Harms
07-16-2002, 06:50 AM
Never saw a rolling breakfall. Sounds difficult. And that slapping must really hurt!:blush: :freaky: ;)

A girl in my club knows how to do it. She does it as quiet as a normal fall but it is definetly not a "normal" forward fall she is doing.
I have tried to learn how to do it and I can manage to start and end standing but with three loud *thumps* when my shoulder, hip and feet hits the floor :)
It's my summer project to learn how to do it without hurting myself :)
/Tobias

Arianah
07-16-2002, 02:35 PM
A rolling breakfall? Is that where you start out in a forward roll, but rather than come up to standing, end in breakfall position on the ground?

Sarah

Steven
07-16-2002, 03:11 PM
Where I first started my training, we used forward roll, judo roll (forward roll with slap), break fall, back roll, back fall and side fall.

Yoshinkan terminology is.

Front fall - mai ukemi
Back fall - ushiro or koho ukemi
Side fall - yoko ukemi

Forward roll = zenpo kaiten ukemi
Forward Break fall = Zenpo hiyaku ukemi
Backup roll - koho kaiten ukemi

We teach all ukemi day one, then incorporate a technique that uses that ukemi and build from there.

That's my story anyway ...

Harms
07-17-2002, 04:03 AM
A rolling breakfall? Is that where you start out in a forward roll, but rather than come up to standing, end in breakfall position on the ground?
No you get thrown with same amount of energy and intention as in a breakfall but instead you roll out of it. Its like an quite long zenpo kaiten ukemi with other hand forward.

I think its the same type of roll others have discribed in this thread but the girl in my club doesn't seem to know how or where she has learned it so I can't trace the origin.

In my club we start with bac krolls allmost from day one. Forward rolls is introduced shortly after. I belive we're trying to let them sample as many parts of aikido as possible early in the training. So we start praticing movement, tecniques and falls in the first week. There is of course quite much talking the first couple of sessions.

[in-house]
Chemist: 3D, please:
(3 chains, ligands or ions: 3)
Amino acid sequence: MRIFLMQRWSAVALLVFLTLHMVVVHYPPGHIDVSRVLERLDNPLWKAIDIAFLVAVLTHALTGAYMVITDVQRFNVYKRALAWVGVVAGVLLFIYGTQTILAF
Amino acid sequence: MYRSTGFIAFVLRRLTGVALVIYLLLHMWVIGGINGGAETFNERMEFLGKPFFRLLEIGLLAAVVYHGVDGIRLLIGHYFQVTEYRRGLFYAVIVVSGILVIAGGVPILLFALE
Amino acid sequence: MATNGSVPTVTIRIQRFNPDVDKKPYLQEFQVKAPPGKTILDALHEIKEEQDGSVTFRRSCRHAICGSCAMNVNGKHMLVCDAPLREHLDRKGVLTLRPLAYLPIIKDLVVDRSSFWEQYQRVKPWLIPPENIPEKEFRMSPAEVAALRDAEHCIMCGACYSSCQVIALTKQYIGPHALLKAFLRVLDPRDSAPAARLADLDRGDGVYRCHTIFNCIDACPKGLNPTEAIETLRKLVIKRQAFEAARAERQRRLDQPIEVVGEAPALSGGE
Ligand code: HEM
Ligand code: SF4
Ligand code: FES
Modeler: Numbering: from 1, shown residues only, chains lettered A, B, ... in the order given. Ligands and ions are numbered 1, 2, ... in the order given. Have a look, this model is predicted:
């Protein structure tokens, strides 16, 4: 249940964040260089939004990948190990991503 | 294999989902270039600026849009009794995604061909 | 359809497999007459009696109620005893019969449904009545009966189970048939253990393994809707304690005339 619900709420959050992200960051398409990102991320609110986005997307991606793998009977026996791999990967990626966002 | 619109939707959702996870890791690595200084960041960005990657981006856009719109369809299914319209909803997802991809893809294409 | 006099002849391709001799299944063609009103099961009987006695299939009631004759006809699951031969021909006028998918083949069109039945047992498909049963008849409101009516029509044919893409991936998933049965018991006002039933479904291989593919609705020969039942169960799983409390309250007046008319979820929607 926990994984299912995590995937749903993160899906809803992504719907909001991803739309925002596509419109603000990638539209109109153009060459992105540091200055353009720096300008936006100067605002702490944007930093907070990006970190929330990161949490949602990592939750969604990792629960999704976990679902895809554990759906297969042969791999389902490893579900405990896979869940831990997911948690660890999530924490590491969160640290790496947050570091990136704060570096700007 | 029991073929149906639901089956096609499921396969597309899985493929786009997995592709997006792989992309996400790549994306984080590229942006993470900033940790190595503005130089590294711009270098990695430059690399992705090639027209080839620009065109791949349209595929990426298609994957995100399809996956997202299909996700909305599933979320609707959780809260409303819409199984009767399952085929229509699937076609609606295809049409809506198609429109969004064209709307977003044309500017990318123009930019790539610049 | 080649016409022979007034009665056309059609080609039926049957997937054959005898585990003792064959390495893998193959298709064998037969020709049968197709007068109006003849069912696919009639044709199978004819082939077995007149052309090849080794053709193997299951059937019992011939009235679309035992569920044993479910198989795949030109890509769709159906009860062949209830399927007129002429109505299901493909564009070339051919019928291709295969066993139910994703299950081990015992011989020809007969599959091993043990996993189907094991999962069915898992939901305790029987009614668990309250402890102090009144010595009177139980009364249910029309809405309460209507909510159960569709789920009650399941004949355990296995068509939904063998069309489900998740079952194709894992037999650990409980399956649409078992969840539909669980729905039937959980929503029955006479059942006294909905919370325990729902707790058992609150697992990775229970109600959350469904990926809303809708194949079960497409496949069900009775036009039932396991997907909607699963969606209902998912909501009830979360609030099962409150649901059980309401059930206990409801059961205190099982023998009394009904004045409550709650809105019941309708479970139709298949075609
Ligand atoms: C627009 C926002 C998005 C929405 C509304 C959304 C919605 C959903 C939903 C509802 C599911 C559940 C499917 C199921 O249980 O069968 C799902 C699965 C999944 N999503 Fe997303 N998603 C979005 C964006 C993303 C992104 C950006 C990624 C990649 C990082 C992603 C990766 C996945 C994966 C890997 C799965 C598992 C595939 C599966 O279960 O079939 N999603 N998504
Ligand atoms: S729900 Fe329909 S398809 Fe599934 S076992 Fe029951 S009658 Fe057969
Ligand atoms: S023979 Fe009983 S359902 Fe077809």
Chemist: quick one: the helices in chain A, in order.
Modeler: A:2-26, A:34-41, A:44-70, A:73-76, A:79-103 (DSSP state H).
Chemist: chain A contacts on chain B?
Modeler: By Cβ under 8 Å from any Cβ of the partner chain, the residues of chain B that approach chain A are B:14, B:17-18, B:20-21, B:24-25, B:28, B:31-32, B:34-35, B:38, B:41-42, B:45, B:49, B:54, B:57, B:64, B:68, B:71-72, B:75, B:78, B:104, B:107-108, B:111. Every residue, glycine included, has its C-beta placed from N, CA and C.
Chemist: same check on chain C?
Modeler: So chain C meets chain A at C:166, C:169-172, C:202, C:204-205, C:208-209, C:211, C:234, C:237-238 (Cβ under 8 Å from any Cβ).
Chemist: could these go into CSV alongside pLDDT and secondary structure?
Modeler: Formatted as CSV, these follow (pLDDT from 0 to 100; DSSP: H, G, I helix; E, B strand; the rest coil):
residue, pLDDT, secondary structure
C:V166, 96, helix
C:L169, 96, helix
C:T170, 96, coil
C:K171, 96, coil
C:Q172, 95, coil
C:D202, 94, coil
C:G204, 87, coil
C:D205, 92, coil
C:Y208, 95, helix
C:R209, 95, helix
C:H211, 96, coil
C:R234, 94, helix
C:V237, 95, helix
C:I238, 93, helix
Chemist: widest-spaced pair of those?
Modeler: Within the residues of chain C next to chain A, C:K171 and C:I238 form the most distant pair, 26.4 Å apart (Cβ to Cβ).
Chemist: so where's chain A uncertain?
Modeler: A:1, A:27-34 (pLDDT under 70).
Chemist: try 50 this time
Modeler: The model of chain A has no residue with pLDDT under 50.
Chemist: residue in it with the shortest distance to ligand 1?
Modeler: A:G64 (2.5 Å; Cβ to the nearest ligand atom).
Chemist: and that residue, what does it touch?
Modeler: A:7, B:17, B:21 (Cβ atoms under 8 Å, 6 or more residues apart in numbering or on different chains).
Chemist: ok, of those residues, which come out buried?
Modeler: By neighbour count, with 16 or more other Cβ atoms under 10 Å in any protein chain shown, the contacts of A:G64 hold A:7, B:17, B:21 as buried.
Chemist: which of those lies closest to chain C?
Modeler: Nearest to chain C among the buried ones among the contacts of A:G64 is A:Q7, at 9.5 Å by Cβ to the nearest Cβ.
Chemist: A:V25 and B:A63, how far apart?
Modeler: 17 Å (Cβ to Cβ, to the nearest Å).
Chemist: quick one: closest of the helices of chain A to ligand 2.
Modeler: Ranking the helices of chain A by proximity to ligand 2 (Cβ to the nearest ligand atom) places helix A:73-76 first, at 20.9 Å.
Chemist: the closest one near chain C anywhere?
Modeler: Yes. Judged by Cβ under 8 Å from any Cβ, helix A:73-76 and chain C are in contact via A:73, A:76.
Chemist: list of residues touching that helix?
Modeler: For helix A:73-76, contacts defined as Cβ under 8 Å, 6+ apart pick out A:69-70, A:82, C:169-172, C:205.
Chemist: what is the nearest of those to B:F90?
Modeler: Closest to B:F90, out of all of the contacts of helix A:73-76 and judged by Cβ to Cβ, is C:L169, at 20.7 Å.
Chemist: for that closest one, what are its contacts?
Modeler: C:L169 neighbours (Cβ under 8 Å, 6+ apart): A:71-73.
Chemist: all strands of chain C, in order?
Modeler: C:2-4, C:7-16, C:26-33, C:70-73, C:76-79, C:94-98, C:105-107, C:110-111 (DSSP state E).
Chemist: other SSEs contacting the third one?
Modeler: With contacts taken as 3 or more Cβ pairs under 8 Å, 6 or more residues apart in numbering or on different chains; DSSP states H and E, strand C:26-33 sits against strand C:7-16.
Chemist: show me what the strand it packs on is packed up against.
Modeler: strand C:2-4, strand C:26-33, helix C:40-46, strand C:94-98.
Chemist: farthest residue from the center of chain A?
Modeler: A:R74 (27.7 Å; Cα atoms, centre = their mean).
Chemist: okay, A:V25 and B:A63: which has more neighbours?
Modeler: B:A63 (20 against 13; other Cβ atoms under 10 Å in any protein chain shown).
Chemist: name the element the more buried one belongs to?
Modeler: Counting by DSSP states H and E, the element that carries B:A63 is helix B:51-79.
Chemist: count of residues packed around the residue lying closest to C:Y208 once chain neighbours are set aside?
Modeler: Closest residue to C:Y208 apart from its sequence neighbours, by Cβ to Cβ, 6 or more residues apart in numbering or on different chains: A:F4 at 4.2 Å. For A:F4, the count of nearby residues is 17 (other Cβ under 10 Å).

/Tobias

Leslie Parks
07-17-2002, 11:56 AM
Since the intial query was about forward rolling, I have outlined our "beginning" ukemi curriculum below. This is just our way and works for us. The caveat is that with young kids, I usually teach forward rolling either first or second lesson, depending on the child. It seems the older we get, the further away the mat is.

BTW, our forward and side breakfalls we teach as the student is ready, usually within the first year. We have a series of instructional drills that lead up to doing the falls fully. The side fall especially becomes necessary in some of our throws (iriminage, tenshinage, shihonage), so you don't want to wait too long. It is a 3rd kyu requirement.

And, in my opinion, ukemi is 60% of aikido. You have to have it as uke and as nage, you have to have some knowledge of it. JUST MY OPINION.

and...umm...what is a flop???

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In our dojo, most students start out in "Introductory" classes. These are geared to the student fresh off the street. They run for six weeks, then we start over again. We teach the basics of safe falling (ukemi), the basics of body movement (tai sabaki), and some basic throws (waza). In an ukemi curriculum taught to us by Toyoda Sensei,

1st week: koho tento undo (elsewhere called "sitfalls"...I think), first from sitting, then to kneeling, then to standing. Add on stepping back with slap (ushiro ukemi breakfall...as we call it). Usually we teach a basic kokyunage, sumiotoshi or kotaegaeshi with this

2nd week: review of above, add forward fall (as from ikkyo et al.) drills

3rd week: koho tento undo exercise, may teach sankyo either pinning or backward throwing among others

4th week: koho tento undo (always, always) one technique requiring this. Mae ukemi (forward rolling) instruction, first from kneeling, then from standing, focusing on form (as a precursor, teach orenaite-unbendable arm). Either irimi kaitenage or ikkyo nage for technique practice, letting new students set up to roll safely.

5th week: as above, as appropriate

6th week: as above, as appropriate

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SeiserL
07-18-2002, 10:39 AM
Rolling, forward and back, are taught from day one. Without the ability to take the fall/roll, you cannot really practice the waza.

Until again,

Lynn